Around 35 million people pack up their possessions and move each year in the United States, according to the United States Census Bureau. Not many people think about tipping their movers, though. And, if they do, they might not be sure how much to tip.
So how much should you tip your movers — you know, the hard-working humans that just hauled your dresser, couch, bed and all of your life's possessions up three flights of stairs? Should you tip them in money? Food? Beer? If you ask Google, you'll get multiple answers, from flat rates to percentages. Here's a guideline on tipping etiquette and how much you should expect to tip your movers.
How much do you tip movers?
Moving companies don't automatically include a gratuity in their pricing, so tipping is always a nice gesture. As a guideline, you should tip your movers between 15% to 20% of the total cost of the move for large or long-distance moves and 5% to 10% for smaller, cross-town moves. For example, if your move costs $2,000, a $100 to $200 (5% to 10%) tip is appropriate for a move across town. This lump sum is then split among the movers on the crew, so if you tip for that $100 to $200 tip with two movers, each mover would receive $50 to $100.
Plan to tip your movers 15% to 20% for a large move and 5% to 10% percent for a small move
Always consider things like the difficulty of the move and the level of care the movers put into transporting your belongings. These factors should play into how much you tip. If your movers really go above and beyond, you should consider a tip towards the upper percentage range of 10% or 20% of the total moving cost.
Some people say you should tip a flat fee as opposed to a percentage. Lauri Ward of Redecorate.com promotes the flat-rate tipping method. She says it's perfectly acceptable to give each moving crew member $20 to $30 for smaller moves and up to $40 for complex, large moves. Tip each individual crew member directly instead of handing it all to the crew foreman to divvy up.
Do you tip movers?
You are not required to tip your movers. Movers should be on time, treat your things like their own and be organized. They should be courteous, follow your requests and answer any questions that come up about the move.
Most importantly, nothing should show up to your new home damaged or missing. If an accident does happen, your movers should take ownership for anything they damage and help you file a claim with the company.
Remember, movers are in the service industry. You tip for good service and based on job performance. If you have a poor experience with your movers, don't feel obligated to tip.
When deciding if you want to tip your movers, ask yourself the following questions:
- Were there excessive stairs or multiple levels to your move?
- Did the movers have to make more than one stop, like to your home and an offsite storage unit?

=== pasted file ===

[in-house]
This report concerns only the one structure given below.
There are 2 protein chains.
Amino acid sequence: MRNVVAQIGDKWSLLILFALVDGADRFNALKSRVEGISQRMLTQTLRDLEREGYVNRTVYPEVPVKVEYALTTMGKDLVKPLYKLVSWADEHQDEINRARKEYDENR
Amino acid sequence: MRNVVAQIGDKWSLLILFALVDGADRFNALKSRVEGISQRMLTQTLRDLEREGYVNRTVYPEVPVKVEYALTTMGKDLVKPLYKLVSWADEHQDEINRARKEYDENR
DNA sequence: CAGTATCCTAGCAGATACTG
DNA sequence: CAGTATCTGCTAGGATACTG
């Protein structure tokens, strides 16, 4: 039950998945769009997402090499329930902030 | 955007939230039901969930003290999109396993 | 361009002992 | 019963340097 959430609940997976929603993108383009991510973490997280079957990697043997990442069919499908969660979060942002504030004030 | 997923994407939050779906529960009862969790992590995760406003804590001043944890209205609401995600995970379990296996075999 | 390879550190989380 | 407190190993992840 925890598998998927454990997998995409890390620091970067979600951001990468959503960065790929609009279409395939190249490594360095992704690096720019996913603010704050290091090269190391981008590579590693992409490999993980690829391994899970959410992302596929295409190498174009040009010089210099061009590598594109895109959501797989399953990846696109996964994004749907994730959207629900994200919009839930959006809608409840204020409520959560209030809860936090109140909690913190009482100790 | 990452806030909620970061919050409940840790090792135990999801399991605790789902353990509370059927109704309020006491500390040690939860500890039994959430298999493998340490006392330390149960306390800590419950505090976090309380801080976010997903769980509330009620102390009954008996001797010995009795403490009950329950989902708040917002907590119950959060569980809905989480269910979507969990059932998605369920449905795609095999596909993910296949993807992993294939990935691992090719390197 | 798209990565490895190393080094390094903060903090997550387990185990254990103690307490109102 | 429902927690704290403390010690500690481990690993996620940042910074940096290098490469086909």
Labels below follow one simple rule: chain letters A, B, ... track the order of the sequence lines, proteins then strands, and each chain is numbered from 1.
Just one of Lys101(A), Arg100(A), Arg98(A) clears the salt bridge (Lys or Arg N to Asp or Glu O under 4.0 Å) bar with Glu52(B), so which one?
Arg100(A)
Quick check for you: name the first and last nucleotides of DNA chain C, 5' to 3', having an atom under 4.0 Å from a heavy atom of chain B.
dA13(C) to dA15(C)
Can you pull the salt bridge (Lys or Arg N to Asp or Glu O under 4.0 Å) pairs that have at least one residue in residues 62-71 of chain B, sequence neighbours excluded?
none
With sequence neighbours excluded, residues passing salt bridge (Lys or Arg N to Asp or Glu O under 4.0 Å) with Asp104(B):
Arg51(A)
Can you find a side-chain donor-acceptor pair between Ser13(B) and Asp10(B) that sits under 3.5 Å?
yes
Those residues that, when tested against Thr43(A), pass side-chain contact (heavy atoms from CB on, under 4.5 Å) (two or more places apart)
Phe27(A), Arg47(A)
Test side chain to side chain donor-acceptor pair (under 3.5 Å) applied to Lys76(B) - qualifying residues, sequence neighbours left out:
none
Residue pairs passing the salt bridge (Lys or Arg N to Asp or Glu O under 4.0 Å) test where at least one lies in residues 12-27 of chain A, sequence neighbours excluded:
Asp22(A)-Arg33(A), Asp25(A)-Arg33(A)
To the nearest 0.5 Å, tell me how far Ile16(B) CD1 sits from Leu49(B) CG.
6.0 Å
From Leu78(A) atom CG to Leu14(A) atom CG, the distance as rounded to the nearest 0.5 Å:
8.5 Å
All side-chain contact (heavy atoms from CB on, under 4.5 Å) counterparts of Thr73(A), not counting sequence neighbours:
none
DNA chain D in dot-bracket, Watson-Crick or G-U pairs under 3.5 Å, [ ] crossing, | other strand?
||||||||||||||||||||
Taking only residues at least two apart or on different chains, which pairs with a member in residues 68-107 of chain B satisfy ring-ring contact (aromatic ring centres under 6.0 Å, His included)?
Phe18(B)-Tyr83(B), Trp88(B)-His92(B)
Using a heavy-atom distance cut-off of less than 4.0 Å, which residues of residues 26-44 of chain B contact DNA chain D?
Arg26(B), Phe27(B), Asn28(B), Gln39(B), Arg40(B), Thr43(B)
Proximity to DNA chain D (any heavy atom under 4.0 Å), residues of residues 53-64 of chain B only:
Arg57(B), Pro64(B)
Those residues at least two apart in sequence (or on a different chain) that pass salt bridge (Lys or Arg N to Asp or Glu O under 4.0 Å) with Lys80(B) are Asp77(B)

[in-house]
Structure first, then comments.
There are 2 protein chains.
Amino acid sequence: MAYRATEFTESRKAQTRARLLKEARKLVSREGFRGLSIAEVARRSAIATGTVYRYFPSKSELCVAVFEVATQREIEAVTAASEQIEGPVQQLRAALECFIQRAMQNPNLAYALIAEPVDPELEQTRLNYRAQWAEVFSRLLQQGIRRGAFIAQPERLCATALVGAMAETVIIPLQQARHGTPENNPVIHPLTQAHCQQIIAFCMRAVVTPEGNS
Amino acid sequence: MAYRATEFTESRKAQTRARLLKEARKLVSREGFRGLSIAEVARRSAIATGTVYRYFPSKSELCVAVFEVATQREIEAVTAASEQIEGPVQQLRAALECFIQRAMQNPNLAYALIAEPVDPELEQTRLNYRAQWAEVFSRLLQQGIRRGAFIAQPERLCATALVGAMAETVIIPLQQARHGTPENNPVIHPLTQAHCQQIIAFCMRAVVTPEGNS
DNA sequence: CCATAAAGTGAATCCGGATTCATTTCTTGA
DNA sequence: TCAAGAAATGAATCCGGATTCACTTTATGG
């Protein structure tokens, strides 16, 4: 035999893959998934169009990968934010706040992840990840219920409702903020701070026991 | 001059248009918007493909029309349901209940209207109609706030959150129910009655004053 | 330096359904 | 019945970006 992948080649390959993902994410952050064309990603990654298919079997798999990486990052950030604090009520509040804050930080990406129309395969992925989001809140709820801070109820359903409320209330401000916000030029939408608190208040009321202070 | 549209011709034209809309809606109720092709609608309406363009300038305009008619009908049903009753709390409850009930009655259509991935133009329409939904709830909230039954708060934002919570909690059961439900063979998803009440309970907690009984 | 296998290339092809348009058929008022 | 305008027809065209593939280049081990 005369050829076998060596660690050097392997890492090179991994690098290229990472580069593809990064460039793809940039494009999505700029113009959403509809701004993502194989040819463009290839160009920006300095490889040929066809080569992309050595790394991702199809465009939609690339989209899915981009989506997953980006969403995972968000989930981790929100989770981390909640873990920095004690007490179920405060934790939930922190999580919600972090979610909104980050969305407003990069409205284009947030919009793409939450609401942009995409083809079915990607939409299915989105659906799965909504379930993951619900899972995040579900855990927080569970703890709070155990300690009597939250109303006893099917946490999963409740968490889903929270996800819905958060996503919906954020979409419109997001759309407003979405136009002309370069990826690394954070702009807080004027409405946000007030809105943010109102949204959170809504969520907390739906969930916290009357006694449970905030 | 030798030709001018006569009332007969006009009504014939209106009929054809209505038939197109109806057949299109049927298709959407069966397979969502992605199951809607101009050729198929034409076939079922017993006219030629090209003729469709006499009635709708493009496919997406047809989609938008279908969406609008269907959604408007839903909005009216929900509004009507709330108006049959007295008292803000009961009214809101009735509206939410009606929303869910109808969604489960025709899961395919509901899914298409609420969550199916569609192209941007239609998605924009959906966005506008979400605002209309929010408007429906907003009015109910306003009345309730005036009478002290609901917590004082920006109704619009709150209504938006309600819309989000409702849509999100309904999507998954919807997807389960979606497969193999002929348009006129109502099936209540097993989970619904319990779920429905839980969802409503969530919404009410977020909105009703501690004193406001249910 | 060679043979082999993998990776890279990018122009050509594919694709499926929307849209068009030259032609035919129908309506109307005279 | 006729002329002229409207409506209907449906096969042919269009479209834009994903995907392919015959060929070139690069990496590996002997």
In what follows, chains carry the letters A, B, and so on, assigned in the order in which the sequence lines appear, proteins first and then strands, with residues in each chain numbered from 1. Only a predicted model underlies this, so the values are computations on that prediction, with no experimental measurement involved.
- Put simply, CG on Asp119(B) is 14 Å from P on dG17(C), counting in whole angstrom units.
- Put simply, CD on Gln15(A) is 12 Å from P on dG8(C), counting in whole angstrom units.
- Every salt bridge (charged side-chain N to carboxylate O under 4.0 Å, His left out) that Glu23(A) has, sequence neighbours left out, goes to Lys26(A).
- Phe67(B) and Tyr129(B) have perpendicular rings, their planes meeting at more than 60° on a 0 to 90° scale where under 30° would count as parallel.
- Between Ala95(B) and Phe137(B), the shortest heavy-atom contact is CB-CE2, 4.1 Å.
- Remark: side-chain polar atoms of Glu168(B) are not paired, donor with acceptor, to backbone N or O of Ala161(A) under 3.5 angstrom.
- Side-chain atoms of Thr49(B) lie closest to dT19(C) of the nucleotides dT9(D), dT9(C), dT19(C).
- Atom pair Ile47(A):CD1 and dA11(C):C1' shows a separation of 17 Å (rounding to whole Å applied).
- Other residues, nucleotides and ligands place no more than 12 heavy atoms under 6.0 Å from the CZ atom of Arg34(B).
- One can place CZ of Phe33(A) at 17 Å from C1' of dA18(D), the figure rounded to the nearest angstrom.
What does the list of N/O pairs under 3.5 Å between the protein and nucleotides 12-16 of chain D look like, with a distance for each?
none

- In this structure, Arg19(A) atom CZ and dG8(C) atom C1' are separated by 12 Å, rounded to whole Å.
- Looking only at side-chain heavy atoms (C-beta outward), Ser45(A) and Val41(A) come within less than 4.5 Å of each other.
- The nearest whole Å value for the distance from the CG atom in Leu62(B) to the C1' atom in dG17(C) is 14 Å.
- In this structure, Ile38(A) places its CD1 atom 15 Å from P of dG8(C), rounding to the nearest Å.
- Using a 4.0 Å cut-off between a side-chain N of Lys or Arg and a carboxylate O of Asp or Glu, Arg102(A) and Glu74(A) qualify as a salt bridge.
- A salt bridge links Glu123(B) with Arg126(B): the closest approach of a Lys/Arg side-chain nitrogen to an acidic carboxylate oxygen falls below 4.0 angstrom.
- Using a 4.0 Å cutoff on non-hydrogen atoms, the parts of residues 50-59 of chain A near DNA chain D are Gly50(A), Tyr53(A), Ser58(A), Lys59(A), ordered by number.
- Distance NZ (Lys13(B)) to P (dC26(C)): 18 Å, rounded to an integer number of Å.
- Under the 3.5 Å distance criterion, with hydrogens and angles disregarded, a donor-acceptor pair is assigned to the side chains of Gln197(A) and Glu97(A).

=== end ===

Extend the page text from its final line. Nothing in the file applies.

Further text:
- Was there a lot of awkward or heavy furniture?
- Did they take extra special care of your grandmother's piano or other antique or sentimental items?
- Did they take the time to add extra padding on fragile items or follow special instructions with care?
- Were they pleasant to be around, courteous and efficient?
How to tip movers
Large national moving companies typically include a tip as a line item on your bill, meaning you can pay for the tip with the rest of the move. A smaller company may not have this option. In the event there isn’t a line item, you can tip cash or ask the crew foreman if you can add a tip to the total amount charged to your card (or other payment method).
- Tip with a credit card: Using a credit card is the best way to document to the IRS that tips were part of your moving costs when it comes time to deduct moving costs on your tax return. Large cash tips without documentation would be disallowed if you were to ever get audited by the IRS.
- Tip with a check: If you're trying to document moving expenses, you can also tip with a check. If you go the check route, it is acceptable to write one check and let the crew foreman distribute the tip among the crew.
- Tip with cash: Cash is usually a welcome method of tipping, but you may want to verify with the company or crew foreman in advance that this tipping method aligns with the company policy.
Tipping with food
What about food and drinks? Providing refreshments for your movers, whether you're tipping or not, is a nice thing to do. Make sure the drinks are weather appropriate: coffee for cold morning moves, water and lemonade for hot days. Consider these points when deciding on food and drinks for moving day.
If your move crosses over the lunch hour or if it takes all day, offer your crew lunch. Ask your movers what they'd like to eat, rather than just ordering pizza. You can imagine how much pizza they get a month. Snacks like apples, oranges, chips or cookies are great for half-day moves of four hours.
Always have water available. Keep a jug of water and paper or plastic cups on hand. A lot of people ask about tipping with beer. Beer is a nice gesture, but a good, professional moving company won't allow employees to drink on the job. You could consider gifting your moving team with a six-pack to go, but it's probably best to stick with nonalcoholic beverages and treats.
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